Style

Greene with Envy: He lived with Marilyn Monroe

by Wendy Sy Photographed by Milton H. Greene ©2017 Joshua Greene. Taken from the book 'The Essential Marilyn Monroe', published by ACC Editions.
Wednesday, November 29, 2017
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Joshua Greene was only a toddler when Marilyn Monroe babysat him. Having an iconic Hollywood actress play the role of your caretaker in real life sounds fascinating, yes, but the truth is, he was too young to remember all the details.


What does, however, bring back snippets of memories are the photographs Joshua’s father, Milton H. Greene, captured of Marilyn. Known as one of the most influential photographers of the 20th century, Milton loved sharing emotion through his art. And his new coffee table book, The Essential Marilyn Monroe (ACC Editions) shows just that.


Released in October, it features 284 photographs (including 176 never-before-published  images) taken by Milton and restored by Joshua. There are also 500 limited-edition, hand-numbered deluxe editions produced with high-quality paper and cloth binding, packaged in a cloth clamshell presentation case, going for $2,000 each. The new tome comes 23 years after Joshua’s first book, Milton’s Marilyn (Schirmer/Mosel), which told the story of duo’s friendship and work relationship.


Of those limited-edition copies, 15 are sold at Barney’s and features special photos of Marilyn with three dogs. Dogs and Marilyn?  Can’t do better than that.


As a photographer himself, Joshua spent years shooting and living in New York before the world went digital. “As I started learning about Photoshop, it came to me that I have this archive that no one has ever seen and made me rethink what the second part of my career is going to be,” Joshua says on the phone from his home in Florence, Oregon. “So, I dedicated myself to photo restoration and eventually, archival printing.”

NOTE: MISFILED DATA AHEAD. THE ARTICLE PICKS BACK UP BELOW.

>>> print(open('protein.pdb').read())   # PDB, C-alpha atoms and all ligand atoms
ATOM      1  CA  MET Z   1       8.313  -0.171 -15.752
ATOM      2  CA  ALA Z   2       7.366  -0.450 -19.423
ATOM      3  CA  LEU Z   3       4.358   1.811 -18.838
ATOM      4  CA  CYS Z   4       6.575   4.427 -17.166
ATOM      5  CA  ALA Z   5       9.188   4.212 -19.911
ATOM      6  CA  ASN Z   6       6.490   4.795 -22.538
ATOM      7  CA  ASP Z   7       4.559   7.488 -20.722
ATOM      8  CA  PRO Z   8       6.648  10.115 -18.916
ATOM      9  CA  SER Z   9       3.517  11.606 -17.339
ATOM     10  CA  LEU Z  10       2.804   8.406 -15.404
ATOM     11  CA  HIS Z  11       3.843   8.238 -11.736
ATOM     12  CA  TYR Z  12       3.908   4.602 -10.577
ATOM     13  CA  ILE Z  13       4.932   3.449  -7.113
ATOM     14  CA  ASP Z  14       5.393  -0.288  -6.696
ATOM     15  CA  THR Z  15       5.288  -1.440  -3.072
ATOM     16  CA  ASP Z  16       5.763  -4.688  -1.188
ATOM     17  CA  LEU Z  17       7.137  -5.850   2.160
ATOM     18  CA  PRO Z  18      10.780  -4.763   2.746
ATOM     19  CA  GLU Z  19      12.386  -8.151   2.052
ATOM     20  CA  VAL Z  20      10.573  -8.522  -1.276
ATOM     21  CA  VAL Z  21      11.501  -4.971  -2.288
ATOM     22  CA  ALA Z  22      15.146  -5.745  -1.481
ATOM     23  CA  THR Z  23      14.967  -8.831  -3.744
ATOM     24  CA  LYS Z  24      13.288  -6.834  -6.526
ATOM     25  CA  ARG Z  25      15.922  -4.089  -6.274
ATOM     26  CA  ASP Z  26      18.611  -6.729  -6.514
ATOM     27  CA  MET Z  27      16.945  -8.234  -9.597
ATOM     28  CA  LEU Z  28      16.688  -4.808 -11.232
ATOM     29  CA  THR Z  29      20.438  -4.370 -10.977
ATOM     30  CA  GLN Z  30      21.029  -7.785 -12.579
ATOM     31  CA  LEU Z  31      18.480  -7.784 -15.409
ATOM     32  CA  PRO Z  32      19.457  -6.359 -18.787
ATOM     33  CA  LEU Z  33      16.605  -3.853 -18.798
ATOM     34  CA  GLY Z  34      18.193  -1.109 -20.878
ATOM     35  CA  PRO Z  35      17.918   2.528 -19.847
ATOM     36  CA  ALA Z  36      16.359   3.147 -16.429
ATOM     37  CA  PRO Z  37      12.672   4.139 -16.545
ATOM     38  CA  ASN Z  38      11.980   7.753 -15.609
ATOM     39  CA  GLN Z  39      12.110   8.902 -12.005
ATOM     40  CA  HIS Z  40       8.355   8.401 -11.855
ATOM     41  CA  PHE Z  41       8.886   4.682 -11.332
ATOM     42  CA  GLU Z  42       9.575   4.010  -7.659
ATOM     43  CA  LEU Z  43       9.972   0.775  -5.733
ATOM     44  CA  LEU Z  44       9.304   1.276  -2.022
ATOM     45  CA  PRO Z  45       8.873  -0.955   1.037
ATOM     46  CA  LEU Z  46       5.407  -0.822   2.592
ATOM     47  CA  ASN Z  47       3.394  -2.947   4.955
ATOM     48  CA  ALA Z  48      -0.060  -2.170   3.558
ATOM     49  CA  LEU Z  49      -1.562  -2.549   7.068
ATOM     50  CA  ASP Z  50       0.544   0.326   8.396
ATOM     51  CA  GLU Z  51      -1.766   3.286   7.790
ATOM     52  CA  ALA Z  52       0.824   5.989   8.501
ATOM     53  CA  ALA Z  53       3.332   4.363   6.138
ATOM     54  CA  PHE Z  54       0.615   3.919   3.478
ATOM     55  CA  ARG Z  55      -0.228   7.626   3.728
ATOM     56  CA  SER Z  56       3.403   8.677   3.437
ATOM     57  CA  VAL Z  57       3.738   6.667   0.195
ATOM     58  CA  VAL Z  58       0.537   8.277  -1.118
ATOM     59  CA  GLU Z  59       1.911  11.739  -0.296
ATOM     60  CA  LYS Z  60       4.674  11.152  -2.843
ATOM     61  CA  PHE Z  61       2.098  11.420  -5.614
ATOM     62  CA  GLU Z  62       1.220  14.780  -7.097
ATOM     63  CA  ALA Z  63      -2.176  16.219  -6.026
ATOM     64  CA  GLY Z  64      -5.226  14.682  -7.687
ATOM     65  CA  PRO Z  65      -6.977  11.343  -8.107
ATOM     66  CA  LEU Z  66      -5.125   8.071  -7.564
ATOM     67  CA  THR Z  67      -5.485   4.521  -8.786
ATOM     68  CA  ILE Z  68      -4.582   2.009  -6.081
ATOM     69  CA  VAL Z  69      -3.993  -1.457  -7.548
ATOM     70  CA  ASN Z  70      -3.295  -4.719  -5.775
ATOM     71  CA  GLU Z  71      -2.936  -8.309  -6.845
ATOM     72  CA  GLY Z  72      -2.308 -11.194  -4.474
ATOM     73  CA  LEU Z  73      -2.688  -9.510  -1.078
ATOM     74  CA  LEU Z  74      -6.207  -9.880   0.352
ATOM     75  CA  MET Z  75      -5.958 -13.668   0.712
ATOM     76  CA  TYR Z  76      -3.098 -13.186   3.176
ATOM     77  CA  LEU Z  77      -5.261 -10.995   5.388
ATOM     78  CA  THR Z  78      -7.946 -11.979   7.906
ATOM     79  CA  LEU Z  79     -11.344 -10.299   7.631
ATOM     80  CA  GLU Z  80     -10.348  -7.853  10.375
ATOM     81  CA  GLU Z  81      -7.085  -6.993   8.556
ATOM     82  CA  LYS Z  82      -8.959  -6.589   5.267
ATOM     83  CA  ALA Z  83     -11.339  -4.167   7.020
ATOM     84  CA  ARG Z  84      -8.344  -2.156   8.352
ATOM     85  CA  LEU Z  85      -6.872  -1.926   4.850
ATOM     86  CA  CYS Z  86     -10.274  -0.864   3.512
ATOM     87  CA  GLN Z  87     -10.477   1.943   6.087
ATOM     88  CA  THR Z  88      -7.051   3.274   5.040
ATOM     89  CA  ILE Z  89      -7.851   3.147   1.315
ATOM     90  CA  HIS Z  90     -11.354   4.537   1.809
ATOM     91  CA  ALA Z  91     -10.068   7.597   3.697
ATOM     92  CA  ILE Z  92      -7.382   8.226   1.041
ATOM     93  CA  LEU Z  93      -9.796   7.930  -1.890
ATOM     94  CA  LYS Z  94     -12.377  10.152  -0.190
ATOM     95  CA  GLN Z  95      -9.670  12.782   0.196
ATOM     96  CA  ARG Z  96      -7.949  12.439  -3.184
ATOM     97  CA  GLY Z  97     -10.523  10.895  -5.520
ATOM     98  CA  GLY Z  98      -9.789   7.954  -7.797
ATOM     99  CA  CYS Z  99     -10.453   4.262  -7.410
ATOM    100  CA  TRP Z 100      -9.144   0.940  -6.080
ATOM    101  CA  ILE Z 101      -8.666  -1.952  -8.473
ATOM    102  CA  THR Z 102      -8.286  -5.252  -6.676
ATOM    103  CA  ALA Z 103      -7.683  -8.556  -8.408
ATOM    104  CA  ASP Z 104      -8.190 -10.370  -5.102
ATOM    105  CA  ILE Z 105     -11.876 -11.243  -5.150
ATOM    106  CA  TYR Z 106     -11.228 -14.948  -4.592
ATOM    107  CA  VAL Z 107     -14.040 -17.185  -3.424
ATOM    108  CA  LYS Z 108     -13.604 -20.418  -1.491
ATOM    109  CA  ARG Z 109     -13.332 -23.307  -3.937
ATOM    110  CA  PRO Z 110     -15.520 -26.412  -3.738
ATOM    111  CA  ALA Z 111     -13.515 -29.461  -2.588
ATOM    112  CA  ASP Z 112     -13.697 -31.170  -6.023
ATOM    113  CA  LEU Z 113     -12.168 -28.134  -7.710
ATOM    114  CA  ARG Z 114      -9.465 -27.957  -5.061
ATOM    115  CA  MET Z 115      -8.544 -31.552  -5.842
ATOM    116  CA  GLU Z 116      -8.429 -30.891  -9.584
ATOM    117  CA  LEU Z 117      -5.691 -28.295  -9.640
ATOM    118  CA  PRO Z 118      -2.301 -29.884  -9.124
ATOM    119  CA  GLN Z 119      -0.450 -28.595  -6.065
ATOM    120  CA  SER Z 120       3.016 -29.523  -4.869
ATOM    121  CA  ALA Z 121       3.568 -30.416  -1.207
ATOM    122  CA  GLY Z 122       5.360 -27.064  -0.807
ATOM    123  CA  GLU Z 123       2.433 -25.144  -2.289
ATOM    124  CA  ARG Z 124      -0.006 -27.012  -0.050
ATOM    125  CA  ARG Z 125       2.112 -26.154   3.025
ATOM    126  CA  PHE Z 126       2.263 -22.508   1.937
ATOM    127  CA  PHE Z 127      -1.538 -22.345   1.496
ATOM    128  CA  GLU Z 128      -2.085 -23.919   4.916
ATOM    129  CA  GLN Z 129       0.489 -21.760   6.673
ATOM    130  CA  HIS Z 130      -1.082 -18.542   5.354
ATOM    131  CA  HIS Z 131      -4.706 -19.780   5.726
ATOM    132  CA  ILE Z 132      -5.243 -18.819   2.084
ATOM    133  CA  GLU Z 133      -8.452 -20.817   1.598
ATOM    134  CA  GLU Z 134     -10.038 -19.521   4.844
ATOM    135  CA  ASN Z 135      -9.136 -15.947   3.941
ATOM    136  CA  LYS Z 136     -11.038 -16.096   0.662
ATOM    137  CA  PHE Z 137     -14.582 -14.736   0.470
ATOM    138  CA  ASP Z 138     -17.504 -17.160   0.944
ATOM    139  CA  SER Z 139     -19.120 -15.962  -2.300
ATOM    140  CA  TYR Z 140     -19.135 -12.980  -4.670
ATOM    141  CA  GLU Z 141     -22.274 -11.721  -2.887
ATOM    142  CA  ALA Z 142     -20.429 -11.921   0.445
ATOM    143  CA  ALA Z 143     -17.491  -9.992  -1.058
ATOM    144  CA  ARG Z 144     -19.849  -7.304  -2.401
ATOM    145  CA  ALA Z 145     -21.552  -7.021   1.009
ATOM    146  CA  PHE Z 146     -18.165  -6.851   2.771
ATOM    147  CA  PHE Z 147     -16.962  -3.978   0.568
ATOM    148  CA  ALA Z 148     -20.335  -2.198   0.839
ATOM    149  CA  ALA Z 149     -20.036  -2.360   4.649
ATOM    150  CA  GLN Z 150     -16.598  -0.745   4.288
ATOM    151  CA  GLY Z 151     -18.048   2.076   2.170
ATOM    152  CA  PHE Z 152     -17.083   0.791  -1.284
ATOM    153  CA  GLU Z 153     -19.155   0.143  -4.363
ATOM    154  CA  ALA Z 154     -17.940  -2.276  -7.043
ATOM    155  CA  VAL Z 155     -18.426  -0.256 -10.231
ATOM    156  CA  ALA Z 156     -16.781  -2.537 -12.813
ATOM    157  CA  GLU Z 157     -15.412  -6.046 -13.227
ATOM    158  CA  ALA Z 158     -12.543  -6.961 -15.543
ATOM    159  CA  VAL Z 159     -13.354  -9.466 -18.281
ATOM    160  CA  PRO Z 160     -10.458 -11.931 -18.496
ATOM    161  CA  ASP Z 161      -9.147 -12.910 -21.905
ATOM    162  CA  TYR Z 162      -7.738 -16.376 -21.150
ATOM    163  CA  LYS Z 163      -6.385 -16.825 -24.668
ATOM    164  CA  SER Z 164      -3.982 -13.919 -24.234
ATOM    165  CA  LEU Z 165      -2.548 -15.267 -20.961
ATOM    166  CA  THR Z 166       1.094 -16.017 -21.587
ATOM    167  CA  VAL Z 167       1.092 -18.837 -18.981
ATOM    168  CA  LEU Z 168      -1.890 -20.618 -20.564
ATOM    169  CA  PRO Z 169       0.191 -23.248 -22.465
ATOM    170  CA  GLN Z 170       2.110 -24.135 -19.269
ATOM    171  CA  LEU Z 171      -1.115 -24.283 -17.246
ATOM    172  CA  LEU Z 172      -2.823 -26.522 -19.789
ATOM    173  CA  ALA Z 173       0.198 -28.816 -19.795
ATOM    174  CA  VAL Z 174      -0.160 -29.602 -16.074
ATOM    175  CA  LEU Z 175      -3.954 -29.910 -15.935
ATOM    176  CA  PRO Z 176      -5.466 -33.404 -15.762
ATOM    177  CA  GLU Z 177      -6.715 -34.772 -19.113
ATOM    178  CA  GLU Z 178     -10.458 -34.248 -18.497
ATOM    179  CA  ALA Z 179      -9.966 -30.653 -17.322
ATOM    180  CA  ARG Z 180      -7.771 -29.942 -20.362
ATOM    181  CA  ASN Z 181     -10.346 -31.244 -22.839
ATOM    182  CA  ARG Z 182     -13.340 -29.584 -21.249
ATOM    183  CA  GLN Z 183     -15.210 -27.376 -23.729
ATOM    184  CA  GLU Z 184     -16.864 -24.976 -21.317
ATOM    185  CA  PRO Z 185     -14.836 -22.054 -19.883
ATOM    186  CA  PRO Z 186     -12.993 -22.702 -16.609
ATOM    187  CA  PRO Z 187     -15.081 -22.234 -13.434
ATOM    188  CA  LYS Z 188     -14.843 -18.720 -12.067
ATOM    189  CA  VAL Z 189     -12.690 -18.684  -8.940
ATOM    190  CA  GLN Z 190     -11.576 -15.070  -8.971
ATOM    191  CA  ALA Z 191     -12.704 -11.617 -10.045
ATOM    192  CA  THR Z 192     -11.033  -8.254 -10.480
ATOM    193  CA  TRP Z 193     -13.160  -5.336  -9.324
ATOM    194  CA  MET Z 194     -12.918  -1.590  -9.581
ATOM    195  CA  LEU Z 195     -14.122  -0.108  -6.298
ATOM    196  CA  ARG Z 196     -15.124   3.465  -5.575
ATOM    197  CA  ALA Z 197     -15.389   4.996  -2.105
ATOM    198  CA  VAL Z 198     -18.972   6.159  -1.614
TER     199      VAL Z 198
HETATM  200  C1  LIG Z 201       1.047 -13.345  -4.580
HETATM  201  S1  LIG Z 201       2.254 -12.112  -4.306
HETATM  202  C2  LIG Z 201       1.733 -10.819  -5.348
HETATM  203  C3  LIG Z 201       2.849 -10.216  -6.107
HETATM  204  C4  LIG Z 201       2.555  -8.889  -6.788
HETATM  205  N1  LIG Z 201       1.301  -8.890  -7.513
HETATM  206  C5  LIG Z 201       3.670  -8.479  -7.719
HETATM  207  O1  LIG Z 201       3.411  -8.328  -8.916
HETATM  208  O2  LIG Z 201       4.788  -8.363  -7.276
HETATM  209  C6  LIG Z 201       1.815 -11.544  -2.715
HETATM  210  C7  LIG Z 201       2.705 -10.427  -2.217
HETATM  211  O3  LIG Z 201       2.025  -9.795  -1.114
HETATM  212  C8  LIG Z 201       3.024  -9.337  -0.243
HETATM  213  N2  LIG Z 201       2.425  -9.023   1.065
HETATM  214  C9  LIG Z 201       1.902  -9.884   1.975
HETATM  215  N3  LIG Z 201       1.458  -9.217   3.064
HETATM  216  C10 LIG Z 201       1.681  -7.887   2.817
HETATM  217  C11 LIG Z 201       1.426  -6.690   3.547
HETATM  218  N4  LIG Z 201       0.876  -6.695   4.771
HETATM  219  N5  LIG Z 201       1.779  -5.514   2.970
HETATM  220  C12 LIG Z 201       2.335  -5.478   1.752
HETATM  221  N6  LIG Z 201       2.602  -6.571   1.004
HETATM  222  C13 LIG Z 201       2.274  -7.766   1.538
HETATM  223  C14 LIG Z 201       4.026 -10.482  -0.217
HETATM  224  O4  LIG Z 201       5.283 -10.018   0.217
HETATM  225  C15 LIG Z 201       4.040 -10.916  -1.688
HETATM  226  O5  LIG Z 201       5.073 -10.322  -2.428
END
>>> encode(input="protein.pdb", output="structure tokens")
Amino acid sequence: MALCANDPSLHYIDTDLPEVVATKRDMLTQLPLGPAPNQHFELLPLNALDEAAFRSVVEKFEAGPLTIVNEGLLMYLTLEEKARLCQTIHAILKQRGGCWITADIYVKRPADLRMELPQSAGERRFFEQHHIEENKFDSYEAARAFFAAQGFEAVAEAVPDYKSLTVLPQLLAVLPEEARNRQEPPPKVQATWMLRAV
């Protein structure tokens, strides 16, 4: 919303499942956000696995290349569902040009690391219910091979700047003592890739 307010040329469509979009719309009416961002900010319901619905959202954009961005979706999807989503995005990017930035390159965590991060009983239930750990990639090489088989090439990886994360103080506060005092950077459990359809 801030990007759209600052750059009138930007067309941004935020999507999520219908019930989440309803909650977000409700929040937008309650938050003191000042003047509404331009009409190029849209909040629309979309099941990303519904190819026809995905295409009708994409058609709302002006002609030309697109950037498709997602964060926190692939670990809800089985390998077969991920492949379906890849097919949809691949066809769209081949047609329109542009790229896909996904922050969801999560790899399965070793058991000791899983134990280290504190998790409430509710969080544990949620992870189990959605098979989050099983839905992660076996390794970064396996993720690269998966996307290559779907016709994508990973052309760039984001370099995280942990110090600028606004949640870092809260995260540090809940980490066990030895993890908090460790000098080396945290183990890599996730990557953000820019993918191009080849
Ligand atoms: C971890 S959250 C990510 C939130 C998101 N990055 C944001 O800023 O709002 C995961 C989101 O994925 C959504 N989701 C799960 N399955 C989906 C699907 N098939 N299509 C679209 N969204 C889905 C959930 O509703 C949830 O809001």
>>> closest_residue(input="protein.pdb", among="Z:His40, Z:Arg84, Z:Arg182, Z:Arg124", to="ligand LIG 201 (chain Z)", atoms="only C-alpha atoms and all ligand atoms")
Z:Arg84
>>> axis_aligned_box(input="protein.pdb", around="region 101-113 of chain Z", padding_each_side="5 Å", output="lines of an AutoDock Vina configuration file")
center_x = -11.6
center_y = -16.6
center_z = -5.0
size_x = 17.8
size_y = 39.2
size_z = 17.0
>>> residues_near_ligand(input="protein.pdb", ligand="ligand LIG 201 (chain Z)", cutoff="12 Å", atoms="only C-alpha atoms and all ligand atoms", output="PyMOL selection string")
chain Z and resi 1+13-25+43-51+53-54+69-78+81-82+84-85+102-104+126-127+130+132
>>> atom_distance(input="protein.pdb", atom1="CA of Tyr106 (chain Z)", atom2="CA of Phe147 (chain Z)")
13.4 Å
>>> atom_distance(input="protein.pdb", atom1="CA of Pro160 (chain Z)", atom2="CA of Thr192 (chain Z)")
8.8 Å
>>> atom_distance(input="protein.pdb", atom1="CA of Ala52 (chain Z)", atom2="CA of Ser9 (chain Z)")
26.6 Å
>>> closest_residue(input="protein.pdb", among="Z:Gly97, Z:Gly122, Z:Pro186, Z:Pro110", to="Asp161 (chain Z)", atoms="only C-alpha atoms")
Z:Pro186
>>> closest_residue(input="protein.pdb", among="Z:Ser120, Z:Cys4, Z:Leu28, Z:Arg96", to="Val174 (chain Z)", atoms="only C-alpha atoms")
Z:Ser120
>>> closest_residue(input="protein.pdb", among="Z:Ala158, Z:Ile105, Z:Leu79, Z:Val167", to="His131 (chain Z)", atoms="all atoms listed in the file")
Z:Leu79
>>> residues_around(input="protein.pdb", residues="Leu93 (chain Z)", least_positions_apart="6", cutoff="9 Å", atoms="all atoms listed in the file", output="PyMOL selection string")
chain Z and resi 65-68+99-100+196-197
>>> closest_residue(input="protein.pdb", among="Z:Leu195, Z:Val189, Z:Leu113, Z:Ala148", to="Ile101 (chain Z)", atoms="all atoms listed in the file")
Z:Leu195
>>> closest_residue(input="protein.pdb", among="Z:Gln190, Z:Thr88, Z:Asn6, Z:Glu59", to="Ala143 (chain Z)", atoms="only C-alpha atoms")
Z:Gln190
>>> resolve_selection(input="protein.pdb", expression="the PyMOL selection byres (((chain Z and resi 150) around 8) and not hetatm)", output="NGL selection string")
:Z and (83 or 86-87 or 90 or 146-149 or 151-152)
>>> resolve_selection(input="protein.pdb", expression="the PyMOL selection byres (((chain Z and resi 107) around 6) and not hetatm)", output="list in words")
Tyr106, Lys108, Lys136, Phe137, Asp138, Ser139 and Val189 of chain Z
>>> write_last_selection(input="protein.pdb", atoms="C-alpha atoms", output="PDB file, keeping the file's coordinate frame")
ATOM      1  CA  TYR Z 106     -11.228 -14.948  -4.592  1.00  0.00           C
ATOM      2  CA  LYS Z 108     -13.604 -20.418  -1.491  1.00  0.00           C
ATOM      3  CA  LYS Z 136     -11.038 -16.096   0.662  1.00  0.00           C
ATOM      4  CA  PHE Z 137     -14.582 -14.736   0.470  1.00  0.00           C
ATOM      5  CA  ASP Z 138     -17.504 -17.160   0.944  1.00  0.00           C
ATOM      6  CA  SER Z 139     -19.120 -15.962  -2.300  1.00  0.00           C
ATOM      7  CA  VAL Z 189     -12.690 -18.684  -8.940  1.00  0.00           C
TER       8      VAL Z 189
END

Six years ago, Joshua selected about 400 photos from his family’s archive as well as from the Library of Congress. Over the years, he and his team edited them down and eventually, the photos were organized by categories, some named after what Marilyn wore, “Gold Dress” and “Red Sweater”, while others captured behind-the-scenes moments from movie sets, such as “The Seven Year Itch” and “The Prince and The Showgirl”.


It was photographer Douglas Kirkland who introduced Joshua to Mac Holbert, who ran Nash Editions, a pioneer in the fine art of digital printmaking. Holbert was the first to show Joshua how to scan photographs into the computer and retouch them—tweaking the color and tonal values, removing surface marks, scratches and oil residues from fingerprints.


“When you look at the book every now and then, you’ll see very grainy, black-and-white candids,” says Joshua. Due to his excitement, Milton processed film from his 35mm Nikon himself in a hotel and the exposure appears incorrect, as the development time and water temperature were inconsistent.


“One of my father’s favorite quotes was ‘Imperfection is perfection.’ I felt that is true and these photos capture that emotion,” says Joshua. “He believed accidents or spontaneous mistakes are part of the fun in life. It’s a great lesson he instilled in me and my brother.”


By a matter of kismet, Marilyn met Milton in 1953 during a photo shoot for Look magazine that took place in Los Angeles. The two connected creatively, becoming close friends and business partners, forming their own production company. Marilyn was welcomed to live with the Greene family in their Connecticut home, for the convenience of work and impromptu photoshoots ensued, many of which are featured in the book.


“I want the reader to feel a sense of pleasantry,” says Joshua. “The Essential Marilyn Monroe is done with a sense of humor. If anything, enjoy yourself—it’s there for you to look at and appreciate the work everyone has done to make it possible. Take a moment and smell the roses. I’m a photographer, what can I say? Smile.”





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